I don’t think the splitting lanes is an issue of right or wrong, but the AZ proposal is for” in stopped traffic”, which means what? If the traffic is moving at 5 MPH or 25 MPH, is it stopped and will motorcyclists split lanes. Given an inch, they will split lanes and claim that it was stopped. Watch and you will see. It is hard to justify the speeds at which the splitting lanes in CA happens. Come drive I-5 in San Diego County sometime on a motorcycle and enjoy the weather. Try to observe the law about lane splitting and watch the people who believe they are authorized to split lanes anywhere and at any speed. It will embarrass you if you are a true motorcyclist.  Don

  • It is not legal to split lanes in California, show me where is says it’s legal. On the other hand, show me where it says lane-splitting is illegal. You can get cited for unsafe diriving and or tailgating, mostly within city limits but almost never on the freeway or highways. Lane-splitting has almost always been tolerated
    by the CHP. There is a fine line on lane-splitting, pun intended …..ride safe.  Joe

  • I live in California and lane split regularly at stopped traffic (i.e. red lights). The reason it is way safer than staying back in the mix with cars all around. I simply move to the front and accelerate out ahead of the pack and then slow to normal flow of traffic speed; now I have no one around me as I move along to the next intersection. A lot better than having cars all around me with half of the people in them talking on cell phones!
  • I’m totally in support of lane splitting, but I know a lot of motorcyclists who aren’t. It does seem to come down to an irrational jealousy, drivers in this country generally see it as a competition as opposed to transportation. I’ve even had an avid motorcyclist tell me he tries to narrow the lane if he thinks someone is going to split it. There’s no good explanation for that behavior, though I suppose I often see cars switch to the slow lane to pass one vehicle in traffic so it shouldn’t be surprising.
    Keep up the good work.  Bryan

  • Given the mentality of too many car drivers and the conduct of some motorcyclists that helps to create an anti- bike attitude, I have no intention to be on the cutting edge of lane splitting in my state—-Florida. It is enough to hope to be seen here, especially in South Florida where, given the metro area, lane splitting would make some sense, but only on paper.
  • I’m a longtime rider and do not live in California. But the mere thought of splitting lanes with some of the jokers I see out riding makes me cringe at the thought. It does sound dangerous and would seem to up my chances of being a statistic. Now, once traffic is stopped at a light I could see inching up forward but as the light changes better be sure to have a place to ride in.

    I seldom am caught in heavy traffic that would make it seem logical to gain a few places in line. Legalize lane-splitting if that makes everyone happy and it’s shown to be a relatively safe practice. I just might not join in.

  • I have lived in countries where lane splitting is both legal & illegal…here in North America it is frowned upon by most motorists & I think mostly due to jealousy, this is particularly so in regions where motorcycles aren’t able to be ridden year around.If filtering is done in a safe manor it actually helps the flow of traffic…but remember it is the responsibility of the rider to know when filtering is safe & not safe!  Rick
  • Hats (helmets) off to the motorcyclists of France for sticking together. Congregations to Arizona law makers for using good sense.
  • IMO it should be legal , it is one of the best things about riding a motorbike, being able to pass cars stuck in traffic jams.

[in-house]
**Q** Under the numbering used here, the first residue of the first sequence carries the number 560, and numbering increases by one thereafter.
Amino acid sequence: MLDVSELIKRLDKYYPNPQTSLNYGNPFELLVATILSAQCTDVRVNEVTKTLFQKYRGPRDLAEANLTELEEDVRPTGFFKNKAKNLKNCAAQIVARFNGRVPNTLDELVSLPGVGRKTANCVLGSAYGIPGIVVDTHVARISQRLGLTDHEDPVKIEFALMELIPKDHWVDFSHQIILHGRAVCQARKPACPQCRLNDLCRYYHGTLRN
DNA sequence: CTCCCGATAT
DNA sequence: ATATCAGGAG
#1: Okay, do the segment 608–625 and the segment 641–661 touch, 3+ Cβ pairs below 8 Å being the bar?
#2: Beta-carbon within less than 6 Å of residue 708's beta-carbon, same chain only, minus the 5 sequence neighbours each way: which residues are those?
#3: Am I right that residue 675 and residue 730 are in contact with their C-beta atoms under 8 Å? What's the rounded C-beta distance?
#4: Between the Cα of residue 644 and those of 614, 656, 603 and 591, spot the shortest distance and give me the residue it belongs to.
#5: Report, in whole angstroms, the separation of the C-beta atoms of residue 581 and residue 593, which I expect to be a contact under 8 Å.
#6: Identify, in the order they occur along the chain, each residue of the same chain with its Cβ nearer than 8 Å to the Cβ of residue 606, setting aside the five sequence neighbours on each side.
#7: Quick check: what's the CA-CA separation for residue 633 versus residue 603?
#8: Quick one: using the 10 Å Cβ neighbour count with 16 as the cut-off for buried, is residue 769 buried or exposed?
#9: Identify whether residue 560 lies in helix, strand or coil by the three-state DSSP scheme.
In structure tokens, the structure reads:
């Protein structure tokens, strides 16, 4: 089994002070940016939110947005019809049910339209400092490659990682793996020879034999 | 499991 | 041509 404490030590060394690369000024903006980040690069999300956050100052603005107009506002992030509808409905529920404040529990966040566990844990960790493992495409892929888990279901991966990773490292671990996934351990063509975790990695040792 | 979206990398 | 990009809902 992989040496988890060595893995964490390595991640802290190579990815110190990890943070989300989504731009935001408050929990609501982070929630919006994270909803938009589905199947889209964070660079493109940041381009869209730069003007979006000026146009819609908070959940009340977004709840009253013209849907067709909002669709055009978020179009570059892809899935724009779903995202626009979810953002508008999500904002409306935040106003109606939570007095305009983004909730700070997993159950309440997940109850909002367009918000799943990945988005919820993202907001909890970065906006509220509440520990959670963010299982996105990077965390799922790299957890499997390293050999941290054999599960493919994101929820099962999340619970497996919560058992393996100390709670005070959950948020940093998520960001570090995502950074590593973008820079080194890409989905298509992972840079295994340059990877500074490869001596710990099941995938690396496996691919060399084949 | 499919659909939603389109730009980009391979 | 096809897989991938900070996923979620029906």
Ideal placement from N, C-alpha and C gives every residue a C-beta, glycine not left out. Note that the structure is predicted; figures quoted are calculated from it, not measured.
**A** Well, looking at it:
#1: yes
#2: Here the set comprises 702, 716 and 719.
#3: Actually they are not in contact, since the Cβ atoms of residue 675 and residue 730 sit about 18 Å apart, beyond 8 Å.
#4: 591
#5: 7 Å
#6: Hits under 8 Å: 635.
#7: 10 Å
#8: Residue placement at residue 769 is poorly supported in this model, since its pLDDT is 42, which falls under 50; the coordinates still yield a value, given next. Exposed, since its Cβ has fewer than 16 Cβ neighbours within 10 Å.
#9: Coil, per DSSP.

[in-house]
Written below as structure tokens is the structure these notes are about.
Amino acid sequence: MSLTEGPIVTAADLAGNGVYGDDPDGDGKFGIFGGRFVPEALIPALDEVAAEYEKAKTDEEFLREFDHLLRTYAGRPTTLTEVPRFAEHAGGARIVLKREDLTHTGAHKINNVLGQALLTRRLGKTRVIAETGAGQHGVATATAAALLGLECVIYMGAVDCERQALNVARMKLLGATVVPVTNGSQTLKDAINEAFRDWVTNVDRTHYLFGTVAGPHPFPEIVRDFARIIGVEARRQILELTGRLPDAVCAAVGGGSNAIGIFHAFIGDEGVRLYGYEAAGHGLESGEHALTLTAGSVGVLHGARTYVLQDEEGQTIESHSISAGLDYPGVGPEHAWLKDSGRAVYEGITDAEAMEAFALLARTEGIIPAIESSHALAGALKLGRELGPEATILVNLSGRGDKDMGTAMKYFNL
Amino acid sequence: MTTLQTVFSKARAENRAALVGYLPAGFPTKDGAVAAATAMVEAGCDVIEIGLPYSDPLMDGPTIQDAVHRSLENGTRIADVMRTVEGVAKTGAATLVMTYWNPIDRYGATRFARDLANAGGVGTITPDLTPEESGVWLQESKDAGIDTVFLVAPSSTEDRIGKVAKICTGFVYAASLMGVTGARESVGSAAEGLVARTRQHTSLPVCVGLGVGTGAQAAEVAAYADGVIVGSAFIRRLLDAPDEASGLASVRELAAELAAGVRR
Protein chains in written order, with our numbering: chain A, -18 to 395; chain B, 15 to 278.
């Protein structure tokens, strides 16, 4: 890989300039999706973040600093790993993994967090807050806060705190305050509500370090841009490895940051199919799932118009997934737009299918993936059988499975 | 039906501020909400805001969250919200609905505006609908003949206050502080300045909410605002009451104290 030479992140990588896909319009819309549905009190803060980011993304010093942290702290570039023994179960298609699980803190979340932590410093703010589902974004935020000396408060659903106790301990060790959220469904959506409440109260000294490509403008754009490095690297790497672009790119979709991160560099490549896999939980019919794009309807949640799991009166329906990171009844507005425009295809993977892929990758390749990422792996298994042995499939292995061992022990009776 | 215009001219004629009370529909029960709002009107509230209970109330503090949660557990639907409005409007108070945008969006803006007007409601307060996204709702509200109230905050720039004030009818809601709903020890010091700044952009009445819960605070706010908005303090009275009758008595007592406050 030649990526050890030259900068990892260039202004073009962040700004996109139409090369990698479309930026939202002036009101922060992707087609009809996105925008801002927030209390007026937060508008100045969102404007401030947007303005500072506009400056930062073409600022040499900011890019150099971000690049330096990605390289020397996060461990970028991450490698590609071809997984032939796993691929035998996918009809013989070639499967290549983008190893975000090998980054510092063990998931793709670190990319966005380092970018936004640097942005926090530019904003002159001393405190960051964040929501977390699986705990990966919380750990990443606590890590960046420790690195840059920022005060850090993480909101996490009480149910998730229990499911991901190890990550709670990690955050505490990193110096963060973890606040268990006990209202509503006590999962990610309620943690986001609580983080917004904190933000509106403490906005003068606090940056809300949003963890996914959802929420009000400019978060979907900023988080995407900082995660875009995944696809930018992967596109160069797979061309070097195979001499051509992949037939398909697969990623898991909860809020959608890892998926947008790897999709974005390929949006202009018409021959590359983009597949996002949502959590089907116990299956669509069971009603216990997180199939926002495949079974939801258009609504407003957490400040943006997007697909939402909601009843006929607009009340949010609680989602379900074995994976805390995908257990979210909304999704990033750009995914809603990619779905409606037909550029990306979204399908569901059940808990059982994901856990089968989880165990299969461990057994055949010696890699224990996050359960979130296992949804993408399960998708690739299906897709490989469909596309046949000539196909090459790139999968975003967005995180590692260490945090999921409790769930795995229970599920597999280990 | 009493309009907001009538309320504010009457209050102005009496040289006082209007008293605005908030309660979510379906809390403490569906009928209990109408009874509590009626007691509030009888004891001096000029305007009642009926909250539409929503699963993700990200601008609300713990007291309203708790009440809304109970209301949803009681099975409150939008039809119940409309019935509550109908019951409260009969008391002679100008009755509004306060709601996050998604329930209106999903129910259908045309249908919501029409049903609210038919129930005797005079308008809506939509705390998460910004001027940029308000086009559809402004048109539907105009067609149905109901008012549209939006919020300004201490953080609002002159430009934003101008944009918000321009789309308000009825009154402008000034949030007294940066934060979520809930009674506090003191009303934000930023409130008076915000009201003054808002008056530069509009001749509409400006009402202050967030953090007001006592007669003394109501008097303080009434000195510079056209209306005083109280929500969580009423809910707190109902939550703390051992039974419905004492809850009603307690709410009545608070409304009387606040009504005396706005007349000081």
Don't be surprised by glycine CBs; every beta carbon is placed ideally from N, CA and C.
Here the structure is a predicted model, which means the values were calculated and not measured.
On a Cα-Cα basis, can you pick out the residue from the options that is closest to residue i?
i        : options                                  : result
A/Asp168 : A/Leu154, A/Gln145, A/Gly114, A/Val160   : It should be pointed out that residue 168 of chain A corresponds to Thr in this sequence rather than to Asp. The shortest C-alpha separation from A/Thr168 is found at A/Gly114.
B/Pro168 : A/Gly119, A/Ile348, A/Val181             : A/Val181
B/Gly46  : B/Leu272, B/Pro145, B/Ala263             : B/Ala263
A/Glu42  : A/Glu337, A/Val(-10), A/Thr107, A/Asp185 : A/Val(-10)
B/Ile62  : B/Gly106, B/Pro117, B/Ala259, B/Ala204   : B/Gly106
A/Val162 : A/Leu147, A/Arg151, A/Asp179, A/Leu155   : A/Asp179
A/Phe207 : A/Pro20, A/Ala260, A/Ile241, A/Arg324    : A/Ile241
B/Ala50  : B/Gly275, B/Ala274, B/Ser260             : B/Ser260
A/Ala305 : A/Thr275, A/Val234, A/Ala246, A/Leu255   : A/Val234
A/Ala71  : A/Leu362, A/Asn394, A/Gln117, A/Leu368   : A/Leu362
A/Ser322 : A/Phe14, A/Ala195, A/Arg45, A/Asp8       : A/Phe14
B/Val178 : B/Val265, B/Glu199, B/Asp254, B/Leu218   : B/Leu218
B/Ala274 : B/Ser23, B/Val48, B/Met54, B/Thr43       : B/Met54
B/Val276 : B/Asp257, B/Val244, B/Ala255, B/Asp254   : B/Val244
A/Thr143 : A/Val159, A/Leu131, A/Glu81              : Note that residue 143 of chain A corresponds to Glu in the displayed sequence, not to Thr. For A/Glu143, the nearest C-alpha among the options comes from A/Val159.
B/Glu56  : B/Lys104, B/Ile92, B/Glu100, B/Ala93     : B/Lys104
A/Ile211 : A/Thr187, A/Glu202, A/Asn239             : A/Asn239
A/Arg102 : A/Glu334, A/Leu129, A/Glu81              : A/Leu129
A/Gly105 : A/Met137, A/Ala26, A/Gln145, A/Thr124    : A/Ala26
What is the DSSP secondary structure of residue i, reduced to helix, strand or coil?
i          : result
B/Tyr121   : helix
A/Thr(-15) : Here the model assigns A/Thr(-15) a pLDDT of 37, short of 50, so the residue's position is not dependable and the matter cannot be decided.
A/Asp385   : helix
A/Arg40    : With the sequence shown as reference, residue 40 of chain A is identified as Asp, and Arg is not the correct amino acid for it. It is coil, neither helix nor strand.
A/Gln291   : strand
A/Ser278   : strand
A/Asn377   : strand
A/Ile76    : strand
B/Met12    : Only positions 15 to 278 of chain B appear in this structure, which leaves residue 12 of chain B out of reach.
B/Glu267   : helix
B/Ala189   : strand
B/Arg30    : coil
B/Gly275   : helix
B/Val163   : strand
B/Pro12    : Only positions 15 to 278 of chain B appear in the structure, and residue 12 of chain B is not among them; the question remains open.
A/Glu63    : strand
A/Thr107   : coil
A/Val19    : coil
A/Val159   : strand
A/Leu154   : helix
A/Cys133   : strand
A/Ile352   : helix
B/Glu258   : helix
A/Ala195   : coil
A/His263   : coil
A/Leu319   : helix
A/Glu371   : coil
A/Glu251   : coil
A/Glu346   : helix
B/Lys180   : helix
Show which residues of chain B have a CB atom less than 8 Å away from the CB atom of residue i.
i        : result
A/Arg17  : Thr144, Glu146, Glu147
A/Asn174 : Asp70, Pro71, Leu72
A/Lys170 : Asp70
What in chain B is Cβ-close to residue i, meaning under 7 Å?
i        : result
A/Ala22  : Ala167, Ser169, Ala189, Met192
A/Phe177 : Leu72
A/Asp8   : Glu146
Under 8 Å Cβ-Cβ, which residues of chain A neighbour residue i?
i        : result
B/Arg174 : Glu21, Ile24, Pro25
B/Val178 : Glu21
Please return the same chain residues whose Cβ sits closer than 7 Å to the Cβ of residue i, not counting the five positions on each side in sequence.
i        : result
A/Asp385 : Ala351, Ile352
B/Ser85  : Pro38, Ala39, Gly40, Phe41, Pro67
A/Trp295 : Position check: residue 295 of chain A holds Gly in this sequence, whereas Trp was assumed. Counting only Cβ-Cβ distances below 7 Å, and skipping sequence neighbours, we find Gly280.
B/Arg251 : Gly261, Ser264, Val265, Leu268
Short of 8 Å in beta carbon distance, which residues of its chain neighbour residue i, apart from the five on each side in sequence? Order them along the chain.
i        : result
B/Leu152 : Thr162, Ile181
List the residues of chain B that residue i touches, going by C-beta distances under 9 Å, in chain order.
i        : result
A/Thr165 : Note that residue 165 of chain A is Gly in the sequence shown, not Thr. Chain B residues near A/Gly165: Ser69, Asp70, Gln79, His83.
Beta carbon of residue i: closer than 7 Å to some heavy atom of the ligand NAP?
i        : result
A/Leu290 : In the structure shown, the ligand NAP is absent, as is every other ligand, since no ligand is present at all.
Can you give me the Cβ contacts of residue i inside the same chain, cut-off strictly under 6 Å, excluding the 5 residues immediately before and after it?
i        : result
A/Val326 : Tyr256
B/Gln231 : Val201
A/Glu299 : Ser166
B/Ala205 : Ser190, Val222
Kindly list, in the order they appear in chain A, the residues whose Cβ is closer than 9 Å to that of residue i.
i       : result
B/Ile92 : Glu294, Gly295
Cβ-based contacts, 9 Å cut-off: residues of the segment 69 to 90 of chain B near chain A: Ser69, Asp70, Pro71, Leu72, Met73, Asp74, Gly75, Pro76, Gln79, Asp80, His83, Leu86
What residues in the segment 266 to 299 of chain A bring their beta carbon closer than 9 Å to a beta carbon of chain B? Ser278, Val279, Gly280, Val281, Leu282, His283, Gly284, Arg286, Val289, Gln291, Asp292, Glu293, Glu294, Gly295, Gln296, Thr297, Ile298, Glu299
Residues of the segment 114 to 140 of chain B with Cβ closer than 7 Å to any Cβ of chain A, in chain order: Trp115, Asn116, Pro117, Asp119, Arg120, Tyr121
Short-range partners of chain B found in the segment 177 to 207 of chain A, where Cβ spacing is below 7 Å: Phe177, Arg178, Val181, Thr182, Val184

• In SA, many years ago lane splitting was allowed then it was banned and now for the last several years it is permitted again…
    Why get a bike or a scooter to commute if you can’t lane split….  Gregg

  • They are looking to ban it in the Australian state of Victoria too. If this happens it will spread to other states. We have to fight it.

    The pathetic thing is, as you mentioned, the majority of opposition emanates from pure jealousy and resentment that motorcycles might have some advantages over cars. The same sort or resentment that fuels the anger at bicycle riders. These people ought to grow up. Car drivers think they own the road and 2-wheelers are less worthy. It’s crazy because more motorcycles means less traffic congestion and lane-splitting eases it even further.  Joe

  • I think that motorcycles should be able to lane split. I also think that motorcycle should have more freedoms on the roads than cars. But, infact the whole world is out to bring us down. Jealousy. Yep. I’d say that sums it up pretty well. I have been tossing an idea in my head for some time now that motorcycle should have there on lane. Like a car pool lane but maybe 1/2 the width. In between the safety and fast lane. This I believe would be much safer than splitting lanes.
    Lane splitting is dangerous. Because car owners gererally don’t give a crap about motorcyclists and there are some stupid riders that ruin it for the rest of us. I’ve been guilty of being bad myself But people need to be educated about lane splitting not only motorcyclists but also the 4 wheel commuter too. DMV needs to get strict. There needs to be more intense drivers training and get Granny ( the 90 year old blind people) off the road.

  • Filtering… Sharing… Splitting, whatever you want to call it! …is a good thing. I started riding in CA a few years back specifically because I was sitting in traffic in my F150 watching MCs flow through traffic like water around boulders. Hmmmm, I’m sitting here moving at less than 5mph and they’re riding right past me. Its been a fun ride since! Oh, and if y’all don’t think something like a BMW R1150RT can share lanes, you’ve got another think coming.

    I say Bravo! AZ for finally seeing the light! Now, about the REST of the state? Specifically, there’s another spot in the State that has similar issues as Phoenix, but certainly doesn’t receive the recognition: Tucson and Pima Co. Why limit the bill/law to JUST Maricopa?